I frowned, very confused at her strange actions, but I followed her. She was the caretaker of this home, and I felt I had no choice but to trust her.

"What is going on here?" I repeated my question from earlier, only this time received no adequate answer.

"I don't believe in them. They don't exist," She stood on the table in the middle of the room, holding onto the ceiling lamp. "I don't believe they exist."

"How can you say that? I mean, you're the caretaker of this home, how can you go against what is so firmly stated, it just doesn't..." I trailed off in confusion.

"I don't believe in them," she repeated. Smoothly and quickly large insects began to crawl out of the upper left-hand corner of the ceiling. I gasped and reached for the woman, who was staring at the corner, still on top of the table.

"I can't believe you're doing this," I whispered.

"Do you believe?"


"Do you?"

"No. I don't. Actually, I don't believe in them. They do not exist and they cannot control us or our lives. Any of us. I don't believe." I gained confidence in her strong face and watched the corner of the ceiling. The insects continued to crawl out, increasing in number now. They began to tear away at that wall, and worked on all the furniture there. We jumped down and ran back up the stairs, knowing what was soon to happen.

Outside the grass, trees, and bushes had all been devoured. All that was left was dirt from the insects consuming the green. Everything was beginning to die and be destroyed, a direct result from the insubordination to the directors. It was only a matter of hours now that the entire world would be decimated.

Together we locked the sick in my room, and blocked the door down the hall that led to the directors' chamber for this area. Keeping the directors from getting out meant fewer pods could escape and only the insects would be the problem. We were able to send for the Underground, though, before the insects destroyed the communications lines. An ancient fighter from a rural village halfway across the country arrived within minutes, and began to destroy the insects and help the sick get out of the home. The directors tried several ways to get out as well, mostly through sending pods to get to the Reformers. Lorale, the fighter, destroyed the pods, and burst into the directors' chamber easily.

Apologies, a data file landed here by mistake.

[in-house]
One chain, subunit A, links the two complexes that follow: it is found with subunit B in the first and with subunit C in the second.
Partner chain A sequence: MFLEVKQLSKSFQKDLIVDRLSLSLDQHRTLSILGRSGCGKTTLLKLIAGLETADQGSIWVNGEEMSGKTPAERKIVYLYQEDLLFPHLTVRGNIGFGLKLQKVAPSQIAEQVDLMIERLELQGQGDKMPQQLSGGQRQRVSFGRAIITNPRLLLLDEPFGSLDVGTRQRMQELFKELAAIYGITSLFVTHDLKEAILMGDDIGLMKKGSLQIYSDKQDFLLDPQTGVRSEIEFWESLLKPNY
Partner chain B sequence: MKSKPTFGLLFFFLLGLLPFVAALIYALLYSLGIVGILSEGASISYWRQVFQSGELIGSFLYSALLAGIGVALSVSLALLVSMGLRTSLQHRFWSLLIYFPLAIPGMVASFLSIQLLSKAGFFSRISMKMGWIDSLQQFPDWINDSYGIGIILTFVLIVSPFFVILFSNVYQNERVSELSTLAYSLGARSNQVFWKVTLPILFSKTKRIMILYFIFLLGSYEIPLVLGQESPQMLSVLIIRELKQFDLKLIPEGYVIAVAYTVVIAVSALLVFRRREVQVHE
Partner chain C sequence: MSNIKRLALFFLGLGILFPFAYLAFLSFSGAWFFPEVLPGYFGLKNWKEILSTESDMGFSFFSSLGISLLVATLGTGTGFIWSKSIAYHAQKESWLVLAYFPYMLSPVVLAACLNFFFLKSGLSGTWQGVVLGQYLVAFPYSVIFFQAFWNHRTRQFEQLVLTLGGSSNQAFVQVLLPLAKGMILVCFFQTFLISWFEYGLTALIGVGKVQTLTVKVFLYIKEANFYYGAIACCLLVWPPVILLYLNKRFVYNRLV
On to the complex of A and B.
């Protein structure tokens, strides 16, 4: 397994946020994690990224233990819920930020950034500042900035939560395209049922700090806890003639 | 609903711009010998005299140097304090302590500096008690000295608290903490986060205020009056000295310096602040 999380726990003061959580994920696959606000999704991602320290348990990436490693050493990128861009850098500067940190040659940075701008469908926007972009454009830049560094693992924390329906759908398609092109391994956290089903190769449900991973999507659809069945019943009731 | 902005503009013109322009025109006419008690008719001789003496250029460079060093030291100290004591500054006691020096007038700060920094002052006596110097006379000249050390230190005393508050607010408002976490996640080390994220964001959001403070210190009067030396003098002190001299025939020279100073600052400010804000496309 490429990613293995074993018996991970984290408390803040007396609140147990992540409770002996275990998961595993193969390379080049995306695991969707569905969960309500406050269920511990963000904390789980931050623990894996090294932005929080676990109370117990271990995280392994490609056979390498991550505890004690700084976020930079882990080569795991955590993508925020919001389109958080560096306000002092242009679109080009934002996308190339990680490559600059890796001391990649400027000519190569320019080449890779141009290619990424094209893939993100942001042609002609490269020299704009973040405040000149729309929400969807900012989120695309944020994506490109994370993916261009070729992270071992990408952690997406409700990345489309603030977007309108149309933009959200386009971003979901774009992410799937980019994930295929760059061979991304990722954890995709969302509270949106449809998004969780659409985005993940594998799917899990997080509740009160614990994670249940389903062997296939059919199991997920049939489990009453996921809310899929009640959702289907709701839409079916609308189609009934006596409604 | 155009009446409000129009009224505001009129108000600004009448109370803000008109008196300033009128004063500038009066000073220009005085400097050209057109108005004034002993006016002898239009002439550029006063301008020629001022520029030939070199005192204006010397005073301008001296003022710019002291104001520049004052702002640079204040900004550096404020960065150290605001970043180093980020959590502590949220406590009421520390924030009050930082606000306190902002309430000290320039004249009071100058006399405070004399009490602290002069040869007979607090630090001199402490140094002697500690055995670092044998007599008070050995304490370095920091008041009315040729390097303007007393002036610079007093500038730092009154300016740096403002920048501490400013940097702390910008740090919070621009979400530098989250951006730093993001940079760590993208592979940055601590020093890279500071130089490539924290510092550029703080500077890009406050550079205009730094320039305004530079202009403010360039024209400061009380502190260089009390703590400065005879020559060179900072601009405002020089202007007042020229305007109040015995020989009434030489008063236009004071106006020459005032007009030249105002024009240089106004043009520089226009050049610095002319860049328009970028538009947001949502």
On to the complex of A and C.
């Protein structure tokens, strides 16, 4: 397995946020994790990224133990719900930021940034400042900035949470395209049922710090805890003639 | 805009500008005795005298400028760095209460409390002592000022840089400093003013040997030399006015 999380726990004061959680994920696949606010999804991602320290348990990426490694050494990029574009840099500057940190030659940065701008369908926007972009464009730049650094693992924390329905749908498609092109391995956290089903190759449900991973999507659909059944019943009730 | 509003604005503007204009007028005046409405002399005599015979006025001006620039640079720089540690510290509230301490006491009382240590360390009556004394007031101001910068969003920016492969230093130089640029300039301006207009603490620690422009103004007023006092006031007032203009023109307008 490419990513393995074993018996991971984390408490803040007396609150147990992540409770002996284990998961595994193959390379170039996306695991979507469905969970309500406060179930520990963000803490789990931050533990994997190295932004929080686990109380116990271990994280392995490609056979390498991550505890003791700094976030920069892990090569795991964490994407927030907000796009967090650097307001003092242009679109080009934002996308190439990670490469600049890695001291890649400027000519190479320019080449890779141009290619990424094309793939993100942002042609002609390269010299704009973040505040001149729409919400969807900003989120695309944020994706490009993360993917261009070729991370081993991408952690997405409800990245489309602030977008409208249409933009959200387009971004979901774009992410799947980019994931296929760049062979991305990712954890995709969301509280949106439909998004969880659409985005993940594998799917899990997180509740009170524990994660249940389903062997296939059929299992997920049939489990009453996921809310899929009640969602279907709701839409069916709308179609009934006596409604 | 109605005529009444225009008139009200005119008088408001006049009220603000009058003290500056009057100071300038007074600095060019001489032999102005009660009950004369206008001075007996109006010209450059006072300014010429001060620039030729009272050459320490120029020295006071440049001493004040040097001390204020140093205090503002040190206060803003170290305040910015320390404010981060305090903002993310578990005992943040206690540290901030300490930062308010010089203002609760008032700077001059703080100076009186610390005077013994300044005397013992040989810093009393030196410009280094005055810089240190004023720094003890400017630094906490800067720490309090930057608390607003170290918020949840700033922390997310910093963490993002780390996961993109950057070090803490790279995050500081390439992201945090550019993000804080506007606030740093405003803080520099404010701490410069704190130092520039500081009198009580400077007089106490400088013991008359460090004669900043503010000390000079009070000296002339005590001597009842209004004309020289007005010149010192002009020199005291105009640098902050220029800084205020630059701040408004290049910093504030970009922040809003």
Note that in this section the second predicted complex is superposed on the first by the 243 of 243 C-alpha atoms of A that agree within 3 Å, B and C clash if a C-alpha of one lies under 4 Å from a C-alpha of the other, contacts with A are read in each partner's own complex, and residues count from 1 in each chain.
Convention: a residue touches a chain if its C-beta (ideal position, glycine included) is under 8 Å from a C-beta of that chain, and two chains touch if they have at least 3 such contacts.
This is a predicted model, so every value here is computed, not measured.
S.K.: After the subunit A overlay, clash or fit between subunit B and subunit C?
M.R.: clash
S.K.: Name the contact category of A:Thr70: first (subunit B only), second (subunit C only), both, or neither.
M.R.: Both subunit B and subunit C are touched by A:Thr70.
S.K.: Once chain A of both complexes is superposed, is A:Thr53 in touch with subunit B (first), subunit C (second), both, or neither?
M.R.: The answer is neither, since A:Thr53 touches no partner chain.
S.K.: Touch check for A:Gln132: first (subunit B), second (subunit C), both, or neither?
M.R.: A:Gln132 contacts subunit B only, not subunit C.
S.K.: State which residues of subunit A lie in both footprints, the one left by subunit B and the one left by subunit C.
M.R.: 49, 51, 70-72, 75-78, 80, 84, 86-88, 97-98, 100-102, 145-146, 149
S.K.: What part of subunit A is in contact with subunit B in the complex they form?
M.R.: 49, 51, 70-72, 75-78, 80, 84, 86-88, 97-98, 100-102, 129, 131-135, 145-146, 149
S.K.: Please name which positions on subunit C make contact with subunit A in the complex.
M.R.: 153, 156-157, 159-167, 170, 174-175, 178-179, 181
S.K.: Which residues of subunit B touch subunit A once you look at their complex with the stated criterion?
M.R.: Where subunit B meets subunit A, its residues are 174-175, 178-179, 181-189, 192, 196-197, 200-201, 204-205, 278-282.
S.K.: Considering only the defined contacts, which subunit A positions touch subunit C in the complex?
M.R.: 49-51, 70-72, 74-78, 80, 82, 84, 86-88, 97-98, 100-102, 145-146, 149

The fight that ensued was again seen only as if it was a movie to us. We could see, though we were not physically present that Lorale was fighting with the directors of our area. As one was destroyed a different director came to take its place from another area, only adding to Lorale's determination to destroy them all. And she did mostly just that. However, being still mortal like any of the Reformers, she became overwhelmed and tired after fighting for nearly an hour straight. Through determination and some help from Chris, Jeff, and some of the other Reformers still in the home, Lorale was able to defeat all of the directors.

We had been running for nearly an hour and a half, trying to convince people to run too, away from the insect destruction and to where we might be able to survive for at least a little while. Everyone we found in other homes thought we were insane and tried to get us into their homes, away from infecting the streets and preparing to call in pods for us. Several pods chased us for a while, but we were able to destroy them. As we reached the mouth of the Rosharon River we knew that Lorale had been successful in destroying all of the pods and directors. There were no more insects devouring everything in sight, and all pods had vanished. People were walking and talking strangely, looking at each other in silent confusion, unsure what to do without the controlling directors in their homes.

"What do you think is going to happen now?" one of the Reformers asked me as we turned to watch the sheer confusion on everyone's faces.

"We're going to do just fine. Just fine," I smiled at everyone and returned to the road. I could see Lorale coming from the other end of the street, looking exhausted yet accomplished. We embraced in the street, tears in both of our eyes, both understanding what we had accomplished, and what now had to be done.

A new beginning for a new world.

Story copyright 2003, Sally Stephens